My Adult Children Never Call … They Only Text
by John Elms, CEO
Many of us have adult children. Mine have entered, or are entering, their 30s. While neither has chosen a clinical profession, they are akin to the young women and men who are pursuing the nursing and affiliated care-giving professions. Most came of age in the era of AOL Instant Messenger and follow on applications like Instagram, Snapchat and others. What unifies them is that they favor text over voice communications by a vast majority.
Some nurse call manufacturers opt to turn every button press by a patient into a phone call. “It speeds response” is their claim. “Bunk!” I say. This is nothing more than one-size-fits-all simplified engineering to my eyes, especially if the company’s DNA is dominated by hardware genes.
Studies show that 64% of all nurse call requests do not require an RN. Imagine that more than half of all calls made to a nurse equate to “sorry, wrong number.”
Imagine further that a nurse is attending to a critical patient. Her phone rings from a different patient who has a non-critical need. She waits 45 seconds or so for the phone to stop ringing thinking “will this thing ever stop?” Meanwhile, the patient she is caring for is thinking “isn’t she going to answer that call? What if it was me?” How is that helpful to staff and patient satisfaction?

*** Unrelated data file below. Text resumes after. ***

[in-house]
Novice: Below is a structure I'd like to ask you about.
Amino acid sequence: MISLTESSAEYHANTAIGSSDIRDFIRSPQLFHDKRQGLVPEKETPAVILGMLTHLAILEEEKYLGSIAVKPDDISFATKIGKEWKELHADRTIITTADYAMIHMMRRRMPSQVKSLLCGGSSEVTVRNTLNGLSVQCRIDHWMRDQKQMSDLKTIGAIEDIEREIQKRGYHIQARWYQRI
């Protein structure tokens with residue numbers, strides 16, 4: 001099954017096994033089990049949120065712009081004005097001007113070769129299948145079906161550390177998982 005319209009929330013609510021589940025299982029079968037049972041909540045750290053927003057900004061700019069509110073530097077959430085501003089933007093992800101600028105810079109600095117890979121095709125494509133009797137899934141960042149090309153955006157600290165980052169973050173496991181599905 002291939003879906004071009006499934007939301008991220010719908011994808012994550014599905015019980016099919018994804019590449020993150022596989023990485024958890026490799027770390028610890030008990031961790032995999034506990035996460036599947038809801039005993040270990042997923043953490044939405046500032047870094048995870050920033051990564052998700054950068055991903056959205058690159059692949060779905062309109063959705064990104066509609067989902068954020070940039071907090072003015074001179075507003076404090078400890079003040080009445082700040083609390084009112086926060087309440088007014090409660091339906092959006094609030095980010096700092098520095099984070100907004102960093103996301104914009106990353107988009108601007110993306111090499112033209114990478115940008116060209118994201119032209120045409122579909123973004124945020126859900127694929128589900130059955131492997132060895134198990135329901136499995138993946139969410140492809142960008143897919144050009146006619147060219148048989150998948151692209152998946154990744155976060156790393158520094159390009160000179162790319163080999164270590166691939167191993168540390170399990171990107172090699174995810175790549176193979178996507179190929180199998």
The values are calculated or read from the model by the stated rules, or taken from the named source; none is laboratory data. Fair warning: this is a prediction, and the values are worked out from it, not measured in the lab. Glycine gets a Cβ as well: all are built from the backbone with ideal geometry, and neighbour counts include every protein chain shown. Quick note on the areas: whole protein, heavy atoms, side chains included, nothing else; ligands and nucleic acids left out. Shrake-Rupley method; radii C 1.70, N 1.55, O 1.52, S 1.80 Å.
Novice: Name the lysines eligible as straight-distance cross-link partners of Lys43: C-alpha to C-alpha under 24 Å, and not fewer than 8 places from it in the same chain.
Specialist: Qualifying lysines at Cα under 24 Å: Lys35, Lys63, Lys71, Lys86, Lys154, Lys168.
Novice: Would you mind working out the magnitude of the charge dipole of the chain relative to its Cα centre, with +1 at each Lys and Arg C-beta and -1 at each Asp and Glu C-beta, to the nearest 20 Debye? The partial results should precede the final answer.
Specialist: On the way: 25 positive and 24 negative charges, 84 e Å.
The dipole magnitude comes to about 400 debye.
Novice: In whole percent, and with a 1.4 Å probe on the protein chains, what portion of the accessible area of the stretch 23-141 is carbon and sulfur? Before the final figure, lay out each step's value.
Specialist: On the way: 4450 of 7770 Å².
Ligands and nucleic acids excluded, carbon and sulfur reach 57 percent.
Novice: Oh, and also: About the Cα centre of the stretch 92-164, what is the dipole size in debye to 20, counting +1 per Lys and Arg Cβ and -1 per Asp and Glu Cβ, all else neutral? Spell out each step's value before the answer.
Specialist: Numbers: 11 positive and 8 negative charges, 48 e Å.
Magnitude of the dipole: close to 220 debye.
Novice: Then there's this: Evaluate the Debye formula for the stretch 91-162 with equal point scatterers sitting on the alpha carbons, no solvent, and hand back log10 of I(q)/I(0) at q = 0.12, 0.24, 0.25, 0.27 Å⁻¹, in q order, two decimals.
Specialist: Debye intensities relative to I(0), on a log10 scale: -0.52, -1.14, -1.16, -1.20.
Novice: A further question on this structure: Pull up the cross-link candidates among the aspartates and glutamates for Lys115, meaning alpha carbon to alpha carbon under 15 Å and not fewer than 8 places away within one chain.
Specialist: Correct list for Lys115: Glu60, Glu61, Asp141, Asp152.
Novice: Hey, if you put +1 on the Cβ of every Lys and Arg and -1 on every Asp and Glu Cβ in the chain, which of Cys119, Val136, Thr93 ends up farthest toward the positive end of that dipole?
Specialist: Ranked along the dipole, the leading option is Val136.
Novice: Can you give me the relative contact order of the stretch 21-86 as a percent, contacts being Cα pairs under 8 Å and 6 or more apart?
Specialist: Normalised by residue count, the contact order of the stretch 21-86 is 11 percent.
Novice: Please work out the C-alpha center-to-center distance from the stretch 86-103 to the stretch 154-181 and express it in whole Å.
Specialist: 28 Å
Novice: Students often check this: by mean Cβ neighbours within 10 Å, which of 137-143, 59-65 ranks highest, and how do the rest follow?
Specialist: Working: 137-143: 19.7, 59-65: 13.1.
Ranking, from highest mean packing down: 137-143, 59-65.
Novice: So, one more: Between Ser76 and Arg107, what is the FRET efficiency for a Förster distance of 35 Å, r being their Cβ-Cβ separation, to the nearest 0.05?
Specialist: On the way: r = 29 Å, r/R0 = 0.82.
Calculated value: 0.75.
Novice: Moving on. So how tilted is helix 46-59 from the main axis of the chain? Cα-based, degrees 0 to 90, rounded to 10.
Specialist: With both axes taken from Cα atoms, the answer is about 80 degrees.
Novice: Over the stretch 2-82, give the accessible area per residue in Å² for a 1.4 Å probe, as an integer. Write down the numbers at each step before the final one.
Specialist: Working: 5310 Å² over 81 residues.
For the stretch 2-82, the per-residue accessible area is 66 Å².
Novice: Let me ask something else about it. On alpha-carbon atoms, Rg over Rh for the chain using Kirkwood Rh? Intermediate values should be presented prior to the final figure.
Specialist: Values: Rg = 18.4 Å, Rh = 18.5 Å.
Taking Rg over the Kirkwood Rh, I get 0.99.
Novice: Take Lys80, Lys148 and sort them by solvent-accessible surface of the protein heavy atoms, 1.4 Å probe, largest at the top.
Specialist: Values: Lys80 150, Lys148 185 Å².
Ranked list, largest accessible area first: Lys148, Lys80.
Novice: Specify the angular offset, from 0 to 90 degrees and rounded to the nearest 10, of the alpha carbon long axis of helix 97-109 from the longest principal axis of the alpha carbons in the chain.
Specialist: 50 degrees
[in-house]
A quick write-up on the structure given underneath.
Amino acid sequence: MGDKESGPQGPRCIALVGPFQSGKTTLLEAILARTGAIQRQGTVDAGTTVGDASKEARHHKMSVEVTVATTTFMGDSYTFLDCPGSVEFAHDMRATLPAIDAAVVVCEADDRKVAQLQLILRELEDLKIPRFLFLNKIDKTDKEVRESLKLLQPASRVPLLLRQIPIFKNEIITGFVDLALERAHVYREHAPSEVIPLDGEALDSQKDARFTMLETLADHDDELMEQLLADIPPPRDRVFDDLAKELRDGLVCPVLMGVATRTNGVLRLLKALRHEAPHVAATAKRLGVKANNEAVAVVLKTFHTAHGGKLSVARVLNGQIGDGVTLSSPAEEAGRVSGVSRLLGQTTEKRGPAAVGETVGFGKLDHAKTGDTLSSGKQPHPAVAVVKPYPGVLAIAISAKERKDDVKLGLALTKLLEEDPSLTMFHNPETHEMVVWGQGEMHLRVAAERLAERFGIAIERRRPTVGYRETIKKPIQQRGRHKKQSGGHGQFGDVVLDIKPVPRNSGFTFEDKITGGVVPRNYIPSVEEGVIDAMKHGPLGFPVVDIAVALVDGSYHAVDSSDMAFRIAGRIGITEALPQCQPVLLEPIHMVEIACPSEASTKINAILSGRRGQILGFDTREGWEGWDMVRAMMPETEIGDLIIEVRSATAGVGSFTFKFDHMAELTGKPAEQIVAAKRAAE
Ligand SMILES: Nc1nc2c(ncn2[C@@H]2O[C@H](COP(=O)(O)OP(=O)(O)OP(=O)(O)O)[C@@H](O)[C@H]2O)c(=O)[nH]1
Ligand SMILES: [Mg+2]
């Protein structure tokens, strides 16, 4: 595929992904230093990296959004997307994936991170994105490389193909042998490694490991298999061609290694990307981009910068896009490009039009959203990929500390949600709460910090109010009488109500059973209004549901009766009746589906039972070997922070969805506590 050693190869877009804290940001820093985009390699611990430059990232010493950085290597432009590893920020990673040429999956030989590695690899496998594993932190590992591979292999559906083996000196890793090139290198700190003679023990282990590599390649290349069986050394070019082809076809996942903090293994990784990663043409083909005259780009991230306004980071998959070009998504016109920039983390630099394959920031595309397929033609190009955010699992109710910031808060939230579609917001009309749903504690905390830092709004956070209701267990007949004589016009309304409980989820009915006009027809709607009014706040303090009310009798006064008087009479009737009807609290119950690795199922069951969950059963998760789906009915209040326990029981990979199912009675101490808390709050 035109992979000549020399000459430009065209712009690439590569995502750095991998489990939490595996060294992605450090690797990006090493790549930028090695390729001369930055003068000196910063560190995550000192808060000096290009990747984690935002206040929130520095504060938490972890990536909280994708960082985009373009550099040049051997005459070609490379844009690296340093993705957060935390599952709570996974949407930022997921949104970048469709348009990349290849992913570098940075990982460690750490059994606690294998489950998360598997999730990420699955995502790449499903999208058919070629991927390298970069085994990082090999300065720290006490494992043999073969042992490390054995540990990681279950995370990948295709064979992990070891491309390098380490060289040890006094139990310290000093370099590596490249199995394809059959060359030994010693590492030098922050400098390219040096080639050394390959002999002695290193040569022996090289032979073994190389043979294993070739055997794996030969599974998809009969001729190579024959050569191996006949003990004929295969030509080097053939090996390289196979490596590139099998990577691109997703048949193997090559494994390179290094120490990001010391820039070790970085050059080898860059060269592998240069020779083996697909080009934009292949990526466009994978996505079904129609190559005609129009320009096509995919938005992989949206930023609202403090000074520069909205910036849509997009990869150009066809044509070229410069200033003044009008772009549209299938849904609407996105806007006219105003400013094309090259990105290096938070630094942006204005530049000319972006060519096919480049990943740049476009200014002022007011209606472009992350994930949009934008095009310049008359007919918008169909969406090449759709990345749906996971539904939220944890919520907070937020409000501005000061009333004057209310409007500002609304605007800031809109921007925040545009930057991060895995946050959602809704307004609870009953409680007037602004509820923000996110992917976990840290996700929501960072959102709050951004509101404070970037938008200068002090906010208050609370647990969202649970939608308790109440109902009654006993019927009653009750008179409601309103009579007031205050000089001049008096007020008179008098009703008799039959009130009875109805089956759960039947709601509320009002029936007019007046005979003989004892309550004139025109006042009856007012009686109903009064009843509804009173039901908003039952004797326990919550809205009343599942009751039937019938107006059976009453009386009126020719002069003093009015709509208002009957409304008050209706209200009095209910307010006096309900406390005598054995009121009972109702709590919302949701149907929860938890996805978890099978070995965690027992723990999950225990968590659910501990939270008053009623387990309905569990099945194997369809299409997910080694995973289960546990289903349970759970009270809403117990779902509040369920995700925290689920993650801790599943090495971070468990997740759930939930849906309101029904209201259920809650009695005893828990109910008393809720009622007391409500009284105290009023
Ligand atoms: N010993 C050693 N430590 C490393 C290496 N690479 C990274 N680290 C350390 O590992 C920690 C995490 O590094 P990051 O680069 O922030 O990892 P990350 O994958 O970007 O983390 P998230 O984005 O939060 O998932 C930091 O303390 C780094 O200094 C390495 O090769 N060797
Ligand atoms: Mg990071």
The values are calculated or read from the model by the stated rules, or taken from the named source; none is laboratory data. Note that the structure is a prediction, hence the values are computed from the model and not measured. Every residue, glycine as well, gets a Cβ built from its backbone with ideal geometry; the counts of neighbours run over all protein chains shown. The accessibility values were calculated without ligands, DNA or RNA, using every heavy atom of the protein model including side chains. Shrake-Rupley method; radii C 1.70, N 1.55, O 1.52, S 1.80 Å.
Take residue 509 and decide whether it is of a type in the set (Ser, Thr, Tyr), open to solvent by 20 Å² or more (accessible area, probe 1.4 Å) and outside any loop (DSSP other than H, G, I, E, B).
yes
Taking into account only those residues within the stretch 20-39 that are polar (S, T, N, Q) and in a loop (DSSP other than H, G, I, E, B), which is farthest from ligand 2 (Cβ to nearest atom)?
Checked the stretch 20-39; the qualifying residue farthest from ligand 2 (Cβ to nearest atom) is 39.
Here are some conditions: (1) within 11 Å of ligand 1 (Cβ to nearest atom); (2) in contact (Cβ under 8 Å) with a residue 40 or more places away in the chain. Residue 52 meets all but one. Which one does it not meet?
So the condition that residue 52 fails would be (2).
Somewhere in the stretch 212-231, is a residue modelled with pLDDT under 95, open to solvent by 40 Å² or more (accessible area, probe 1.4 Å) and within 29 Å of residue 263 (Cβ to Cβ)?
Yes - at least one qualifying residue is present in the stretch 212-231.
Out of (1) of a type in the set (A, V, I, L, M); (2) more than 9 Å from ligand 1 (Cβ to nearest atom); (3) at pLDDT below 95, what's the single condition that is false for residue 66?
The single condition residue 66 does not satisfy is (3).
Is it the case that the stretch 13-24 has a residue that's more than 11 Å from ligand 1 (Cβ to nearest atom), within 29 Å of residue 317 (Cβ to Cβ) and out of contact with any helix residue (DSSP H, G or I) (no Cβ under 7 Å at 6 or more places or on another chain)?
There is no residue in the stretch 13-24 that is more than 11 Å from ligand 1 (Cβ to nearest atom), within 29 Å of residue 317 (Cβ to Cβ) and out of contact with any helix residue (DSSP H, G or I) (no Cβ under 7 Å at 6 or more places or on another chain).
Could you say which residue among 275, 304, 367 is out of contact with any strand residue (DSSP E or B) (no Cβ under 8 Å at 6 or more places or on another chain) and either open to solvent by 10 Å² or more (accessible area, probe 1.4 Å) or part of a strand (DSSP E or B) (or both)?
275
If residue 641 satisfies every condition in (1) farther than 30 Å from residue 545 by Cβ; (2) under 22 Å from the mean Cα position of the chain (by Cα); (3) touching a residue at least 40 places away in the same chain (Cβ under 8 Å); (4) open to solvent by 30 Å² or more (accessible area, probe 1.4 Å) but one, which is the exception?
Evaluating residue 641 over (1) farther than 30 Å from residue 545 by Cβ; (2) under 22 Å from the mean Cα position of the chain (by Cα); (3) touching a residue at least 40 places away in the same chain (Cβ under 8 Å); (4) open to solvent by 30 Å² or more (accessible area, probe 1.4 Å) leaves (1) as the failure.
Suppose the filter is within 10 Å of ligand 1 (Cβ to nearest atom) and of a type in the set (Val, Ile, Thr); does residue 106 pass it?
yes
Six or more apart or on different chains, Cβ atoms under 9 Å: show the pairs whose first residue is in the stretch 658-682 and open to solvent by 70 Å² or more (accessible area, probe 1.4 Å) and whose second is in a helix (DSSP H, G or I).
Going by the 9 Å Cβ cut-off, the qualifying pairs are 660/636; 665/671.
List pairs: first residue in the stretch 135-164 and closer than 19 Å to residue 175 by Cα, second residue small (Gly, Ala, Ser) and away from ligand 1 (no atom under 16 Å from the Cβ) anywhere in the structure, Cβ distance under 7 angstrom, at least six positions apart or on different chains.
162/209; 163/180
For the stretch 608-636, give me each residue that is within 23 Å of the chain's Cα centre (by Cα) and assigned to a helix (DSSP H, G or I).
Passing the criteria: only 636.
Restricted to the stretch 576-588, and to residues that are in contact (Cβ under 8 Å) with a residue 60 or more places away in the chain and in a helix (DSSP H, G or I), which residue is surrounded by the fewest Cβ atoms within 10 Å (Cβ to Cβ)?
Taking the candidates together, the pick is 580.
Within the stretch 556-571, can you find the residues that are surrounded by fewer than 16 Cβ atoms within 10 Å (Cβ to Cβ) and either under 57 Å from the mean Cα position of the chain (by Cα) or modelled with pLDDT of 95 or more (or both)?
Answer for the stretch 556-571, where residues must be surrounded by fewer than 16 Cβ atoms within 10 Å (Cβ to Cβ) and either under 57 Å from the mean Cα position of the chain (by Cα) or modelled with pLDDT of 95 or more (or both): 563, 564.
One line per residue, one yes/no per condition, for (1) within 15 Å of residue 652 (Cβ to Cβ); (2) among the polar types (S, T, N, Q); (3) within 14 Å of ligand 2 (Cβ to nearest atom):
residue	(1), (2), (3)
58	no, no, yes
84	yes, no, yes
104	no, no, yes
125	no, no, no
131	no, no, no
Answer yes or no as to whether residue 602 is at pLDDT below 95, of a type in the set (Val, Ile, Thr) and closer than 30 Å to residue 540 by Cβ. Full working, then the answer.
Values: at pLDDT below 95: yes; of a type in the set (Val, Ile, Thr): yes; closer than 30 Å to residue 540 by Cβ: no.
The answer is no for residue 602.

Some nurse call manufacturers opt to turn every button press by a patient into a phone call. “It speeds response” is their claim. “Bunk!” I say.
There is a better way.
At Critical Alert, we natively integrate to all the major clinical communication and collaboration platforms. We deliver context-rich textual notifications to the caregiver, and provide the opportunity to accept, reject (escalate) and call back to the patient room if a conversation is needed. All without the need for expensive middleware.
Moreover, with Critical Alert’s lightweight, flexible and software-based platform, the 64% of calls that do not require a nurse can be automatically routed to the non-clinical staff best equipped to serve the patients’ needs. In this way, your care givers can focus on the important tasks for which they are trained and best suited.
So, the next time you are walking the halls of a hospital and hear a phone ringing, ask yourself “is all that noise really necessary?”